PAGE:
Public cloud storage gives your business the freedom to share, edit, and collaborate on work assets in real time, from any location. And if you lose a corporate device or your office is submerged by the flood of the century, all your data is safe and secure.
It’s no wonder businesses across the globe are making cloud storage part of their IT environment.
While big players like Amazon, Google, Oracle, and Microsoft have tapped into the cloud storage market for enterprise data storage, many companies need reliable and non-developer driven cloud storage solutions for document and asset management.
If you’re considering a solution for your business, you’ve likely wondered about the difference between Box vs. Dropbox. On the surface, they seem to offer a similar solution for business customers: secure cloud storage with collaborative and administrative tools.
While that’s true, there are some clear distinctions in packaging, functionality, and user experience that set them apart.
Box vs. Dropbox is one of the most common business cloud storage comparisons, but these vendors each have many competitors. To save time wading through the cloud backup and storage landscape, use our Product Selection Tool to get a list of 5 recommendations based on your needs. Click on the image below to get started.
Box vs Dropbox: An overview
Before we get into specific features, let’s take a look at Box vs Dropbox from a 10,000-foot view.
Box, Inc. has lost nearly half it of its value after a 2018 high of nearly $4 billion. It’s currently valued at $2.4 billion. Their user base includes 8 million users at 95,000 companies and 70 percent of the Fortune 500.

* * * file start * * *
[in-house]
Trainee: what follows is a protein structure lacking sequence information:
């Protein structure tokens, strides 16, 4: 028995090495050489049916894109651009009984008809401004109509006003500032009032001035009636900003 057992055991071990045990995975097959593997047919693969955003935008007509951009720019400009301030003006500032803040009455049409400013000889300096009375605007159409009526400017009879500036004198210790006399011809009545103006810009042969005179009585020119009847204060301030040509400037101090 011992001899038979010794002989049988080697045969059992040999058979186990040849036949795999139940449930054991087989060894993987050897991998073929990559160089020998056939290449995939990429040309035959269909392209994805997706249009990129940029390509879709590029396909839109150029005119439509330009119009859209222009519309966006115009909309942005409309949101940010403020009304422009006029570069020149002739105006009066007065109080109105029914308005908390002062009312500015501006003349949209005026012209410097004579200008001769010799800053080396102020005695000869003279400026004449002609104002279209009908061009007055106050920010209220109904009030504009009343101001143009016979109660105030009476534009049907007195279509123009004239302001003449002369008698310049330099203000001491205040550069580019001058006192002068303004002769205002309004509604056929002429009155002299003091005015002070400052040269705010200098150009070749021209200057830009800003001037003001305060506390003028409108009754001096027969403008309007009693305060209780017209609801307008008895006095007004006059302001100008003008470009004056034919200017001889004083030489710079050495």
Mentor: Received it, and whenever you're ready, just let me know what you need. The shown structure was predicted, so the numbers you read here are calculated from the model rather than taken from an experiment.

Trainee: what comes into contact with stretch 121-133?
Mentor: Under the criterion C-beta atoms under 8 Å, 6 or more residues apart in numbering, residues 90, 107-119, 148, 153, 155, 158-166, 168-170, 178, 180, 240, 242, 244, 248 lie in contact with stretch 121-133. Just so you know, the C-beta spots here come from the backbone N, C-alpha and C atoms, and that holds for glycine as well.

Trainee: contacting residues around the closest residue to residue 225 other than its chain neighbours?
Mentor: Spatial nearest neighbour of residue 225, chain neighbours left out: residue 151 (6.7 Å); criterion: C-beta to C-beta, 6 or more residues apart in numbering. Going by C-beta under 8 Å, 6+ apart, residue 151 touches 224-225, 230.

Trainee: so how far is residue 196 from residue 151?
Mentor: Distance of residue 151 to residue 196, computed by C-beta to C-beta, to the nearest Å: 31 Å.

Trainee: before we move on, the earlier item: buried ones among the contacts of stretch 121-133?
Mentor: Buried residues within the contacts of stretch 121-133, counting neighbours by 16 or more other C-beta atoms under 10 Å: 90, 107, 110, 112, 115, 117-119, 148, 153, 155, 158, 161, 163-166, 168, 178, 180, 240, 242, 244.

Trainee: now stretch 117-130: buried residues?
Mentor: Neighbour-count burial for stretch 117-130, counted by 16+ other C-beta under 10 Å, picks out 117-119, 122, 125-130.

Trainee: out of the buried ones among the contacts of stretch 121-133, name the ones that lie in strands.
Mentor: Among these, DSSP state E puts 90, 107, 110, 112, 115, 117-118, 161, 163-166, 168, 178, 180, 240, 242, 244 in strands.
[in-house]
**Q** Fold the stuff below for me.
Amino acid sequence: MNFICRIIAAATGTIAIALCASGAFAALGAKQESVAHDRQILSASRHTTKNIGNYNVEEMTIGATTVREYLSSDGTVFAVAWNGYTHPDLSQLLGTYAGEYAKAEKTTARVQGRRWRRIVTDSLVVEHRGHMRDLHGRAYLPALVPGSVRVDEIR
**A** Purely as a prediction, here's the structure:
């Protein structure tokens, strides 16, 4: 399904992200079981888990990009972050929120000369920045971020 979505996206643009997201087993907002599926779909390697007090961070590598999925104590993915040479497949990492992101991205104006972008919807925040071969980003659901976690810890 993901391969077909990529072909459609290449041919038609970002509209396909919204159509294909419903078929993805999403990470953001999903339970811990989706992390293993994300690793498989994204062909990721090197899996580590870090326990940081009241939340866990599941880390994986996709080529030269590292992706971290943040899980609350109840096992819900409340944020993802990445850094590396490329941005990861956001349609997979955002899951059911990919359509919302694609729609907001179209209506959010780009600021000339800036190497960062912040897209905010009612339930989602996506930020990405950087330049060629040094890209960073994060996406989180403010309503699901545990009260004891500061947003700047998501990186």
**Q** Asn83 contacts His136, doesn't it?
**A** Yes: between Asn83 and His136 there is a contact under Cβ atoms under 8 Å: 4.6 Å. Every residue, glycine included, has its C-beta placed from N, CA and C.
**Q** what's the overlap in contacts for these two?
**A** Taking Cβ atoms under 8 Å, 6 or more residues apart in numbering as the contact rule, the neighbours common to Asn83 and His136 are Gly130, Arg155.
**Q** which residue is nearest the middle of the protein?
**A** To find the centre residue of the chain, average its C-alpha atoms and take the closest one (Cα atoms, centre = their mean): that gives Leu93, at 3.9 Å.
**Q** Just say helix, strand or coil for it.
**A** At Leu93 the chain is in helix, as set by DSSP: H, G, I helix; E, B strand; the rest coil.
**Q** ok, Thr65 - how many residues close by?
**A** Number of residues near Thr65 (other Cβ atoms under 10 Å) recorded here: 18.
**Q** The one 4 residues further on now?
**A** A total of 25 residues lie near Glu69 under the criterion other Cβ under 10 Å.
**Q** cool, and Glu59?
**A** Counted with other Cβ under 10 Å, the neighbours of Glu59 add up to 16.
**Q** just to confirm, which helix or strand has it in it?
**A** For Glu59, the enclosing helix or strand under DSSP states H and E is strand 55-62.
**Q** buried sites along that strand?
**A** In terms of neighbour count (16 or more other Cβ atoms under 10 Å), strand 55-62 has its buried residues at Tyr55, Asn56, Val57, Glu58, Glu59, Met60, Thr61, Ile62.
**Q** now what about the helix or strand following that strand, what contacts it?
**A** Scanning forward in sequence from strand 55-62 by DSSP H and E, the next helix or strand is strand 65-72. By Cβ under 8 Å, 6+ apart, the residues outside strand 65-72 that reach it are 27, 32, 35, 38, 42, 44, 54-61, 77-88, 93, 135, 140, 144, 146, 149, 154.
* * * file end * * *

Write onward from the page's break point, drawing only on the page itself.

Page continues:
Both vendors offer multiple plans for business and personal accounts. But it’s important to note how Box and Dropbox uniquely position themselves in the market. It wouldn’t make much sense if they offered the same product, targeted toward the same customer, for different prices—which is why they don’t.
While Box does offer two personal storage plans, their product is first and foremost an enterprise solution. Consequently, its features and user experience are tailored to the needs of CIOs and IT departments:
“We’re a 100 percent enterprise-focused company. All the technology we’re building goes toward asking how do we make it easier, or more scalable, or simpler, and just a better way for businesses to share and manage and access this data.” — Aaron Levie, Box CEO
Dropbox, on the other hand, began as a consumer-facing product and gradually made its way into the workplace as a form of consumerized IT. In other words: people liked Dropbox; people used Dropbox at work; workplaces saw the benefits of Dropbox; workplaces adopted Dropbox as a business solution.
“We’re solving really important problems for a big chunk of the world, not just Silicon Valley. Our users are trapeze artists, high school football coaches . . . physicists who collaborate across the world.” — Drew Houston, Dropbox CEO
These different approaches to file management pose unique challenges to each vendor.